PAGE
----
Focus control enables the light source to point at a work surface without spilling illumination on the face of a nearby computer monitor. A molder in Shanghai, China, uses PC in molding tiny internal parts that serve as electrical-current insulators and bearing surfaces. Machined aluminum and cast Pyrex glass are the primary materials, along with steel for the smoothly adjustable telescoping antennas.
* Native Design Ltd. of London and Bowers & Wilkins of Worthing, England, won for the design of the integrated Zeppelin iPod speaker docking system. Bowers & Wilkins, an audio speaker maker, is a unit of B&W Group Ltd.
Injection molded polymers and a pressed stainless-steel back form the main body, which serves as a rigid platform for the high-performance loudspeakers. Soft fabric covers the front grille. The system costs $600 and entered the market in September 2007.
* Palo Alto-based frog design won for its concept of a light bulb made of unbreakable plastic with solid-state components and an absence of mercury.
The proposal uses a high-output light-emitting diode for the illumination. It has similar dimensions to a standard incandescent light.
* Herbst LaZar Bell Inc. of Chicago won for design language relating to specialized orthopedic instruments for Smith & Nephew plc of London. Surgeons and nurses use the instruments to make precise bone cuts and take measurements in implanting artificial knees and hips. Silicone overmolds on the handles improve a practitioner's ability to grip each instrument. Stainless steel is the primary material. The HLB design project was completed in early 2007.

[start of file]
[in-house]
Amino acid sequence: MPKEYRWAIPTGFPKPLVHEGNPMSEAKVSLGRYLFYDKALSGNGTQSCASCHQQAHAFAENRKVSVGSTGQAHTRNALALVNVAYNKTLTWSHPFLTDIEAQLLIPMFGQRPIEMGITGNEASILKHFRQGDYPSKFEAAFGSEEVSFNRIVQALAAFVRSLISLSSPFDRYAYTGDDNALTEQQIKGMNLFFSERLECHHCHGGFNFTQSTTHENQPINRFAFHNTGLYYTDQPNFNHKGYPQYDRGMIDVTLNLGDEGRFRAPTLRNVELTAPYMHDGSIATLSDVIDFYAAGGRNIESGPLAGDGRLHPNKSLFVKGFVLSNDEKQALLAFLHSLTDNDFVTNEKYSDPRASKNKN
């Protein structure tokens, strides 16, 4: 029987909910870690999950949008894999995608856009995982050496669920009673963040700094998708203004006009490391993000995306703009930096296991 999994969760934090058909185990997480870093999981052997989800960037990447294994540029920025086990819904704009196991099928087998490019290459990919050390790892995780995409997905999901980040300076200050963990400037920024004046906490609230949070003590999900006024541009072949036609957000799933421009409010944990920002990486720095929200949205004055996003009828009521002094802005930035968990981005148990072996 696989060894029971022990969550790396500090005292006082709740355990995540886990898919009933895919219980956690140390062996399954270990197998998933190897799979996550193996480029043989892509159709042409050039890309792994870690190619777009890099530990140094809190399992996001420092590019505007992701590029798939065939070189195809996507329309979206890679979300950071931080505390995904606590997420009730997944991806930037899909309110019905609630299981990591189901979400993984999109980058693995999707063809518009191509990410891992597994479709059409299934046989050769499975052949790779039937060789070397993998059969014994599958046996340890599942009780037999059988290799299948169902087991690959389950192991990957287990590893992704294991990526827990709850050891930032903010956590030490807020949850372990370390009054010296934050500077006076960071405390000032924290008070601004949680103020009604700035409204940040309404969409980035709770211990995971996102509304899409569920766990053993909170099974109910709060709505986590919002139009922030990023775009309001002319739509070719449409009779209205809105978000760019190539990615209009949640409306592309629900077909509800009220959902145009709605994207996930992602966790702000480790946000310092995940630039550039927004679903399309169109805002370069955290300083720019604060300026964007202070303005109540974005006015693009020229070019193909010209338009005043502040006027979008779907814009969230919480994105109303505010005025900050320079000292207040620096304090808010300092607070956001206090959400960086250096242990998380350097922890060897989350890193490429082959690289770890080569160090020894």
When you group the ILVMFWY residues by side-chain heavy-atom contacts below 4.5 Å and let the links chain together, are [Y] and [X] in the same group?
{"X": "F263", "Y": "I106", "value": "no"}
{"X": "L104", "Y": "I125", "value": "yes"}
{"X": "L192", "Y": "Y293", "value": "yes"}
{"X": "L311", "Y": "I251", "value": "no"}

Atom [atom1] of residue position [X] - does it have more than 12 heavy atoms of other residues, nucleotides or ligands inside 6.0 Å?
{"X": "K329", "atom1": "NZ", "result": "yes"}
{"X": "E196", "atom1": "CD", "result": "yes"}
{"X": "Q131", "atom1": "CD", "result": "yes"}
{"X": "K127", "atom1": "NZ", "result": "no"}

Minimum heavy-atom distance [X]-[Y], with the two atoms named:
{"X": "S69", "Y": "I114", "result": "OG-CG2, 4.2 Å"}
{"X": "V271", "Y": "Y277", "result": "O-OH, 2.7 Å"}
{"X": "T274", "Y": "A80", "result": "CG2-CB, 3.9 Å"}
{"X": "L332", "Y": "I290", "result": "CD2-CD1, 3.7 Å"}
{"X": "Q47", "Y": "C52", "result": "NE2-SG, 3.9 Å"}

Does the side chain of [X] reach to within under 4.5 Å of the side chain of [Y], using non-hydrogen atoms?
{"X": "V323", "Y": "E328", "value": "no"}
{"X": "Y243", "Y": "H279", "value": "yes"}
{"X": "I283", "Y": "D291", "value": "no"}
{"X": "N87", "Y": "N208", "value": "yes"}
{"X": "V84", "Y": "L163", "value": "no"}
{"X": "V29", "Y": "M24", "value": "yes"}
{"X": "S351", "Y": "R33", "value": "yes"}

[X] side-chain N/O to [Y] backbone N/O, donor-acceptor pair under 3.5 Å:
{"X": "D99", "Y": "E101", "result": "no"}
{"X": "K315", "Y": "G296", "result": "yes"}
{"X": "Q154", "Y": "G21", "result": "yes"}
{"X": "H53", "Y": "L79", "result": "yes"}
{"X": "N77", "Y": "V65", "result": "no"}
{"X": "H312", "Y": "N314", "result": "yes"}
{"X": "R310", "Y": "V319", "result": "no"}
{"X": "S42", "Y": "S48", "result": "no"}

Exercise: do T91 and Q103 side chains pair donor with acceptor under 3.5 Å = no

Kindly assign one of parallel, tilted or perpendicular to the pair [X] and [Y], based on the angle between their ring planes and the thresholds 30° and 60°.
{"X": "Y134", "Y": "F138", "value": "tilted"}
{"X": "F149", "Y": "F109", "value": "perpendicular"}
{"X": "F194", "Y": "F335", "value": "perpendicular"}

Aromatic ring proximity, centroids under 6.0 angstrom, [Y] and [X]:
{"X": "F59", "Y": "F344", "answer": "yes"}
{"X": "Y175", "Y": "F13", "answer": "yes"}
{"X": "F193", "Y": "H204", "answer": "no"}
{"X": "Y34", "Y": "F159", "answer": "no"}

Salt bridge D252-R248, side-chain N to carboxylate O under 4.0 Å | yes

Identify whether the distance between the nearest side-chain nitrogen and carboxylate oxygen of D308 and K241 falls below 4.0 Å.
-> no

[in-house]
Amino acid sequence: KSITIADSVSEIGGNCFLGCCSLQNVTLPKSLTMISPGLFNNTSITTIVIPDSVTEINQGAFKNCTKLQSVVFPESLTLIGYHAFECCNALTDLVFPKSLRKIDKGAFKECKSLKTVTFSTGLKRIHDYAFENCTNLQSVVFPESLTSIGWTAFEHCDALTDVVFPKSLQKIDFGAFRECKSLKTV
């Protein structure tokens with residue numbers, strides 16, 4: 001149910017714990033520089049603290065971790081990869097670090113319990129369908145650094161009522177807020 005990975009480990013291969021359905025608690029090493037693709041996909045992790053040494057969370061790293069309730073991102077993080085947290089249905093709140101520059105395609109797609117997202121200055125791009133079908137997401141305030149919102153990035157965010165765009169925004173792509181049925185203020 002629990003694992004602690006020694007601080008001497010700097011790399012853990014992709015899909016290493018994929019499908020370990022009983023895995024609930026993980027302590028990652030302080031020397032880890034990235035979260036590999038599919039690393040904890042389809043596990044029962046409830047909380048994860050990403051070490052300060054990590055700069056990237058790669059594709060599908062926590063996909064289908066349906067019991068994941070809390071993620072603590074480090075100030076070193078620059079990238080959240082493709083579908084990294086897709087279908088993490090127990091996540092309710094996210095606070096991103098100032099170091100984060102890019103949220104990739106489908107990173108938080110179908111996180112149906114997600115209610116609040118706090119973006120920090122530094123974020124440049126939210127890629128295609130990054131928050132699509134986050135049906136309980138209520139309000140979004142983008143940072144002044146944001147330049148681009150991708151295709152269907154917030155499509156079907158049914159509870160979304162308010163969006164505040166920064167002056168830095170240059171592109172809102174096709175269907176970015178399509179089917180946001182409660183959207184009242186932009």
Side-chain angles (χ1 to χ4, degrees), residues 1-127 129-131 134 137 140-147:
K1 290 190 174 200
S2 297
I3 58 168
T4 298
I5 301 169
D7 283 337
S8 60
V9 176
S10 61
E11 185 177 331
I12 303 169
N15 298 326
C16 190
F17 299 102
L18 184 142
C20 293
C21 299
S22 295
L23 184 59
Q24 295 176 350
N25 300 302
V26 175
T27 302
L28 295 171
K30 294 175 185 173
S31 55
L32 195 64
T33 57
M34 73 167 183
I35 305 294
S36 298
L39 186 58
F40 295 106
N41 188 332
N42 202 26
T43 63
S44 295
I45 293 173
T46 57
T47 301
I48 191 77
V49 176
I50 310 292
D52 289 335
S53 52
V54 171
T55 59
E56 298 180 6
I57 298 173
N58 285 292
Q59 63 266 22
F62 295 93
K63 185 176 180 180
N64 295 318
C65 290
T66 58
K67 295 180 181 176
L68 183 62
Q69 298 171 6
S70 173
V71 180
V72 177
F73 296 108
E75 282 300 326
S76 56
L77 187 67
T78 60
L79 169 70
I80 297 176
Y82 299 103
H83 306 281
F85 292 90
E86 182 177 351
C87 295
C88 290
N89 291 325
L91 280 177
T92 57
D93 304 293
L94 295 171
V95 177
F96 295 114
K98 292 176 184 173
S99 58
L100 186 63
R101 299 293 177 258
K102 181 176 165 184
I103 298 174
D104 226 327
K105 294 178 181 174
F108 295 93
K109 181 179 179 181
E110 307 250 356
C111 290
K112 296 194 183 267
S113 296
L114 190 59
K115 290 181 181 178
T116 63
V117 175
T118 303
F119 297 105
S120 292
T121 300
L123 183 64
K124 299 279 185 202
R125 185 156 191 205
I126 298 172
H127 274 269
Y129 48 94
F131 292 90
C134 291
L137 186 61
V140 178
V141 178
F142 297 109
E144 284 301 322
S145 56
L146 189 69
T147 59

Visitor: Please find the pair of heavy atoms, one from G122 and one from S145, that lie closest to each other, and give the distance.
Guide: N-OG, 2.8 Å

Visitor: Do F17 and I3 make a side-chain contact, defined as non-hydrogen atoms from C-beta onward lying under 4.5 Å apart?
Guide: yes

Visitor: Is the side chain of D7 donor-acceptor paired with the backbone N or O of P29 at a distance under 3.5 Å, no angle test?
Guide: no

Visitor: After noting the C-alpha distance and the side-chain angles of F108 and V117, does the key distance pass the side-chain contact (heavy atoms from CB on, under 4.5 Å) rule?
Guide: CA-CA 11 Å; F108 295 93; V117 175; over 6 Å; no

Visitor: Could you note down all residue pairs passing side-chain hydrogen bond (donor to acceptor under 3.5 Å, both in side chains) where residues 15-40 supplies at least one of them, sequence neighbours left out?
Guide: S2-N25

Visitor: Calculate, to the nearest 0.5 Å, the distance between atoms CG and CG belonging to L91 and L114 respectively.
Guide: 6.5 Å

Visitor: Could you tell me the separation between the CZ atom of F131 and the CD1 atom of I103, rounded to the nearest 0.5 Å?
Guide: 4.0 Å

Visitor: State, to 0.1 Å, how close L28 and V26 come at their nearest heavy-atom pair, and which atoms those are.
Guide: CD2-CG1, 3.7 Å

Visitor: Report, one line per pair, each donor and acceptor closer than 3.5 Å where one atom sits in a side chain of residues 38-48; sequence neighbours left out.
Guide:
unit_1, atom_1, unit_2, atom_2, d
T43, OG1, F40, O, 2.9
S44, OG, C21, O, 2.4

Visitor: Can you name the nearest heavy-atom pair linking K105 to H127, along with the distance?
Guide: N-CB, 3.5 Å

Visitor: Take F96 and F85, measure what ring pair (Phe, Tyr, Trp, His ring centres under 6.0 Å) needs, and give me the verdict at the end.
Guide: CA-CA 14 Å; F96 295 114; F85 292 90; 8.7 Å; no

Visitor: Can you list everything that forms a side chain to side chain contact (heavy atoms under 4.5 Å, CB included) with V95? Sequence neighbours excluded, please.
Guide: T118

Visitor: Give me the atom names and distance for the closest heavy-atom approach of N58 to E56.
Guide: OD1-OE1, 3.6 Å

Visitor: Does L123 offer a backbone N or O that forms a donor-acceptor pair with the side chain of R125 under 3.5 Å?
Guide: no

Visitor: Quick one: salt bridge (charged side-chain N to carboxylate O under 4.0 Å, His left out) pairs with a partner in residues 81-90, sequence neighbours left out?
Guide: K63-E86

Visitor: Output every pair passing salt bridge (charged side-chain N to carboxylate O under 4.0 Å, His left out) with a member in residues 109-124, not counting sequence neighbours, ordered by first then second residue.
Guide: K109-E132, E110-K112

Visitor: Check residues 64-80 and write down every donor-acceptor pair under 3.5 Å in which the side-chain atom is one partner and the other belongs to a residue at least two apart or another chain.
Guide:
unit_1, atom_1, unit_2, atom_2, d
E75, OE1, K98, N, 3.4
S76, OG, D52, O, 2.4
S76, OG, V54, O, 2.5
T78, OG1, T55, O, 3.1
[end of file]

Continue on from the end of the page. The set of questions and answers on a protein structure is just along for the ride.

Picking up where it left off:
* The Shanghai, China, design center of Samsung Electronics Co. Ltd. won for the conceptual design of a Touch Sight digital camera for visually impaired individuals. The design addresses issues about balancing the camera, pointing it in the desired direction and reviewing images.
Designers propose using recyclable Pellethane-brand thermoplastic PU elastomers for the main housing, primarily for its resistance to fluids, dirt and abrasion and providing soft-touch comfort while the material comes in contact with a user's forehead. A flexible Braille display can display three-dimensional images. The target price: $200.
* Smart Design of New York and Pure Digital Technologies Inc. of San Francisco won for PDT's $149 hand-held Flip Video Ultra Series camcorder, which entered the commercial market in September.